If one looks at the ratio of the gluon density in the gold nucleus relative to that in the proton, Rg, as a function of x2, the ratio is less than one for x2 < 0.01, larger than one for 0.01 < x2 < 0.2, and less than one again for x2 > 0.2. At PHENIX the backward rapidity region corresponds to the region where Rg > 1 and moves to smaller x2 toward forward rapidity where Rg < 1, as shown on the right-hand side of Fig. 1 for the EKS98 and nDSg parameterizations of Rg. This shadowing effect becomes larger with increasing A and increasing center-of-mass energy since x2 ~ mψ exp(−y)/√sNN. The shape of the shadowing ratio Rg is very model dependent and not all available parameterizations of Rg agree with the shape of the current d+Au PHENIX data.
Including both effects, the d+Au modification factor, RdAu, is the product RdAu = SA Rg. The characteristic shapes in Fig. 2 are those of Rg for the EKS98 and nDSg parameterizations with the positive rapidity region corresponding to low x2 and negative rapidity to large x2. Since the absorption cross section is a rather weak function of rapidity, the shape of RdAu at RHIC is due to the parton density modifications while the absolute value of the ratio is determined by the absorption cross section, as demonstrated in Fig. 2. The effect of changing the proton parton density is also shown. When the different relative values of the J/ψ, χcJ, and ψ′ absorption cross sections are taken into account, the published Run 3 data are compatible with σabsψ ~ 1 mb. However, the uncertainties in the data are still large and the shape and magnitude of the effect may change with more precise data and with reduced systematic uncertainties.
The impact parameter dependence of RdAu has also been studied by PHENIX. The J/ψ production cross section should scale with the number of binary nucleon-nucleon collisions since its production can be described by perturbative QCD. While neither the EKS98 or nDSg parameterizations include any impact parameter dependence, it has been implemented by assuming that the modifications of the parton distributions in the gold nucleus are proportional to the path length of the parton through the nucleus. The comparison with the published PHENIX Run 3 d+Au data is shown in Fig. 3 for both EKS98 and nDSg for two different values of σabsψ = 0.5 and 1.75 mb. While the two parameterizations give similar results at forward rapidity, the differences between the two seen as a function of rapidity in Figs. 1 and 2 at mid- and forward rapidity are apparent in the Ncoll dependence in Fig. 3. A more precise determination of RdAu(Ncoll) is needed to draw further conclusions.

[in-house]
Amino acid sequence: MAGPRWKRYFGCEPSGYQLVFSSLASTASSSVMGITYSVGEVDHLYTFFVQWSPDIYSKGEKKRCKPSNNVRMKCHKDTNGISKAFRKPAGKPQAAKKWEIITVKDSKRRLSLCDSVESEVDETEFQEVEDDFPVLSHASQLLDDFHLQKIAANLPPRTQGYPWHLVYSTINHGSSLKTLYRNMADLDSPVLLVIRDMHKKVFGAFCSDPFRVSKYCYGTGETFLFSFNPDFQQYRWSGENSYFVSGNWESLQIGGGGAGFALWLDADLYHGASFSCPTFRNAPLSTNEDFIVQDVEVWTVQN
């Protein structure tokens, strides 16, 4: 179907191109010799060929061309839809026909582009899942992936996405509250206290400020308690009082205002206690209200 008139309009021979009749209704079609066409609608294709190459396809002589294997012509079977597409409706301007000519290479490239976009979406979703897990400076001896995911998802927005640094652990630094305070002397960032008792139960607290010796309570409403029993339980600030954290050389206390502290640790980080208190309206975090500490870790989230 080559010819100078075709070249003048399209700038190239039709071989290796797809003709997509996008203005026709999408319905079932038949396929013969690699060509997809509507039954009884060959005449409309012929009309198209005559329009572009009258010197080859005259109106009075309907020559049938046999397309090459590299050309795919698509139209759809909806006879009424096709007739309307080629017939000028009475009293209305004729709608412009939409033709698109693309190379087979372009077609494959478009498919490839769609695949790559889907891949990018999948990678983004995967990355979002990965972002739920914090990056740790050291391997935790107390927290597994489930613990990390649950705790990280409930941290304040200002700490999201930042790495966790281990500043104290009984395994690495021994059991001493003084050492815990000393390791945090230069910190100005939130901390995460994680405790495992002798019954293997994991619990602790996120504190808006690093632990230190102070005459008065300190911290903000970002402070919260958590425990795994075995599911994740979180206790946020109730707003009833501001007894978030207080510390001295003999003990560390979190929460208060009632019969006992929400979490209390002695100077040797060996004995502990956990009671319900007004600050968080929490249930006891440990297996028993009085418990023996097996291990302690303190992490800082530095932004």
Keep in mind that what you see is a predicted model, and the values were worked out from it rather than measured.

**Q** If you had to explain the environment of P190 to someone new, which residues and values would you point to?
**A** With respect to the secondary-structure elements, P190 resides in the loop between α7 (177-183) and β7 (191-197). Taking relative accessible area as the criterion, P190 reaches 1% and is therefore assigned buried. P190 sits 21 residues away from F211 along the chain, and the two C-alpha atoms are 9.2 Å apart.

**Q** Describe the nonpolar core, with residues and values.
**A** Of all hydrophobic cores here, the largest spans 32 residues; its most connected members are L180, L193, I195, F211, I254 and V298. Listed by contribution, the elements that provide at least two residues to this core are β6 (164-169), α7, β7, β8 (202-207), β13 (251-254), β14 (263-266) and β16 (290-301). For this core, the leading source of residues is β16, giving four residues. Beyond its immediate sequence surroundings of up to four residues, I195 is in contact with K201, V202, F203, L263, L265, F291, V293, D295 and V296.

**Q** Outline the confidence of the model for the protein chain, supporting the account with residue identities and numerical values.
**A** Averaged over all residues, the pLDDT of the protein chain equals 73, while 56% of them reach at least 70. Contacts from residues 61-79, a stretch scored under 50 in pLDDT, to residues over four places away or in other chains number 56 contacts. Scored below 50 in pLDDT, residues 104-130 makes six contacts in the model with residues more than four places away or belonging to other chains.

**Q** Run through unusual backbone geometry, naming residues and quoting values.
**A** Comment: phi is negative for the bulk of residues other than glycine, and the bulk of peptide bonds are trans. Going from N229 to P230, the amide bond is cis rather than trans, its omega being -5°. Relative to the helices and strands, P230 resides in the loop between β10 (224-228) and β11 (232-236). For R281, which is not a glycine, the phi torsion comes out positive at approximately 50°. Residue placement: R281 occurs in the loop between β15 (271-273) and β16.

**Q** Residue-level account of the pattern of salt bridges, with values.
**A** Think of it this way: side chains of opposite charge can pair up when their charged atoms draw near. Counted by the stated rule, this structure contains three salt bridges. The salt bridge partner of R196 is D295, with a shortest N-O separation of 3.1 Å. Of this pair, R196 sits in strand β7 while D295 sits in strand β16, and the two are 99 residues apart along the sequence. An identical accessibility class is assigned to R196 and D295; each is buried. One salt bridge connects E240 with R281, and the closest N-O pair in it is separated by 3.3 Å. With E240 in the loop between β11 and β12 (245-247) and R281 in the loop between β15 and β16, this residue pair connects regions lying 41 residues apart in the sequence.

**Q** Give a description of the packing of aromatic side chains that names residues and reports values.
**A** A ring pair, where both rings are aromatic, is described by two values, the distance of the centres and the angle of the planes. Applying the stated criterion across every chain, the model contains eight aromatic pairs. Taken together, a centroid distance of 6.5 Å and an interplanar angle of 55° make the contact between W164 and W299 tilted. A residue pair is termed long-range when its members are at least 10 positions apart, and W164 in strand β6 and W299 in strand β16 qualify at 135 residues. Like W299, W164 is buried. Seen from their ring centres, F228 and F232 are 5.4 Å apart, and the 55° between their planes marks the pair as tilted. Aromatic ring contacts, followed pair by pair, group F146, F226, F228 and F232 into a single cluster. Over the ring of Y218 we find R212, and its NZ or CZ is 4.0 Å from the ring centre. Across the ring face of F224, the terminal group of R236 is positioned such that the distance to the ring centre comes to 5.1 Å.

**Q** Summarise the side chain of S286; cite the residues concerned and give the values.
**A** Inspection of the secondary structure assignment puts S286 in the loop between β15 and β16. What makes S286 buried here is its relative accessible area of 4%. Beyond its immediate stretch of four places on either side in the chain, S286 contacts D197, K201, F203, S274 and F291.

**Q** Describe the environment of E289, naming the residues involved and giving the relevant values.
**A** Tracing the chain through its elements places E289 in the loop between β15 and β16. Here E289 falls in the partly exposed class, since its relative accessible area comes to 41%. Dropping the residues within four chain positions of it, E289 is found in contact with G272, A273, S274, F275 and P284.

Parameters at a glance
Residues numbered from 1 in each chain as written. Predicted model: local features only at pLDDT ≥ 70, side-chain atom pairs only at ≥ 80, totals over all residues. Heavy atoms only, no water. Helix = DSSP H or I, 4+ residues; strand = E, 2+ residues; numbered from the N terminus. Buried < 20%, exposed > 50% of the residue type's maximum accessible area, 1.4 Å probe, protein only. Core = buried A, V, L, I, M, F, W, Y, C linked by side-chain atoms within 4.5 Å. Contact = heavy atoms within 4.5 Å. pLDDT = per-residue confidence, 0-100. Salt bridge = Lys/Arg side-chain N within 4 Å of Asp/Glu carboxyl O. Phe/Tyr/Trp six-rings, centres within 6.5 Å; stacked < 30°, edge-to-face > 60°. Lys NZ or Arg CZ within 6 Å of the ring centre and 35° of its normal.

PHENIX collaboration, "J/ψ Production and Nuclear Effects for d+Au and p+p Collisions at √sNN = 200 GeV", Phys. Rev. Lett. 96, 012304 (2006). (arXiv:nucl-ex/0507032)
R. Vogt, C. Lourenco and M. J. Leitch, "Cold Nuclear Matter Effects on J/ψ and ψ′ Production", J. Phys. G 34, S759 (2007)
R. Vogt, "Shadowing and Absorption Effects on J/ψ Production in dA Collisions", Phys. Rev. C 71, 054902 (2005). (arXiv:hep-ph/0411378)
This work performed under the auspices of the U.S. Department of Energy by Lawrence Livermore National Laboratory under Contract DE-AC52-07NA27344 (http://www.llnl.gov/disclaimer.html). The author also acknowledges the NSF grant PHY-0555660.